Subject: Re: signed binary pkgs [was: Re: BPG call for use cases]
To: Curt Sampson <>
From: Todd Vierling <>
List: tech-security
Date: 07/25/2005 23:05:58
On Tue, 26 Jul 2005, Curt Sampson wrote:

> There are two issues I see with this, though I don't know if they're
> important enough that we want to give up "single-pass" functionality.

Aha, "single-pass" (extract-in-place) is the issue you've been inferring
here.  I forgot that there was work done on that -- seems my perception of
pkg_add is still a bit back in the stone age.  :)

>     1. If we extract, then nuke when we discover an error, we wipe out
>     any files that existed before we started the extraction.

If tempfile-then-rename(2) is used, maybe not.  Perhaps the tarball can be
extracted in a special subdirectory of ${PREFIX}, to be moved into place by
rename(2) once the members are all extracted and verified?  That would be
similar to a staged install, but skips the extra copy step.

This does have partition-spanning issues, unfortunately, if someone has
${LOCALBASE} (or other ${PREFIX} depending on the package) mounted partially
on one partition, and partially on another.  <sigh>  It's difficult to
satisfy all parties here....

We could bend over backwards and treat the "extras" as files to move a la
classical staging installs.  Or offer the user the option to do
rename-in-place (with caveat that ${PREFIX} must be one partition) or staged

I'm not sure what approach would work best.

>     2. Creating a signed archive can't be done with an append operation
>     on an existing archive. Though now that I think about it, since you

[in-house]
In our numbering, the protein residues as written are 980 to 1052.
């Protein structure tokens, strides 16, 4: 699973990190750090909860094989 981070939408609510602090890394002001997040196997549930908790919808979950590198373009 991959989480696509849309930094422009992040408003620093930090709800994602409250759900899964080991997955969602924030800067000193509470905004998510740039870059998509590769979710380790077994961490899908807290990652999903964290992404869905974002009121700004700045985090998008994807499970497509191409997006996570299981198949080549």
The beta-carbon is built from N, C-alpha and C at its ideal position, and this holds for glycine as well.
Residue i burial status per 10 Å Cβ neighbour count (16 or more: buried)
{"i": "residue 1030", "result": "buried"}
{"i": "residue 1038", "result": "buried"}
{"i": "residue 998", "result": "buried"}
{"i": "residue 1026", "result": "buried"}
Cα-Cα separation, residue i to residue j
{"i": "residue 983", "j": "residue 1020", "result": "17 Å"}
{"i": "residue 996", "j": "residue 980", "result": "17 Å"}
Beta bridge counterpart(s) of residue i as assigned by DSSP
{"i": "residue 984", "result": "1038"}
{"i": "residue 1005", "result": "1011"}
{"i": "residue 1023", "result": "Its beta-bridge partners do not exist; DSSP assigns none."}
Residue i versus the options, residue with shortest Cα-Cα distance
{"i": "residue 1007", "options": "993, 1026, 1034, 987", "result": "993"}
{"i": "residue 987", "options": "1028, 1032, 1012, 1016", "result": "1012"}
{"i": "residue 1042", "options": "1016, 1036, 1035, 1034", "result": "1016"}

>     could just write a new signed archive (except, ironically enough,
>     not if the input is streamed to you), this is probably no big deal
>     at all.

Personally, I get warm fuzzies if the signing process is forced to happen
at package tar-up time, because that reduces the compromise time window.
But that's anecdotal and not a technical argument.

In reality, it's not hard to sign an archive that uses stream-based
compression after the fact without extracting to the filesystem.  It just
requires a bit more CPU to do two decompression passes (one to create
signatures/hashes, and one to stream data to be recompressed) and one
compression pass (to rebuild the tarball with the signature up front).

What is good about having the signatures/hashes available up front in the
tarball is the ability to have quick-abort functionality on a failed

>     1. In a "generic signed archive," the first file in the archive is a
>     list of hashes for all of the following files, in order.[...]

>     2. It is an error for files to be in the archive but not in the
>     signed list of hashes.
>     3. The first file will have a defined name, as well as an easily
>     recognisable format.[...]

That sounds exactly like what I was imagining.

> It seems to me that this could work for tar, cpio, pax, ZIP, whatever.
> Is there anything it's missing that pkgsrc would need? (I don't see the
> need for hashes for files created by scripts in the archive, since those
> scripts will be verified with hashes.)

If pkg_add understands the archive format internally (thus eliminating any
"hidden data" attacks caused by invoking an external tar or pax or
what-have-you), then just signing/hashing every physical file in the archive
is directly analogous to signing the tarball externally.

-- Todd Vierling <> <> <>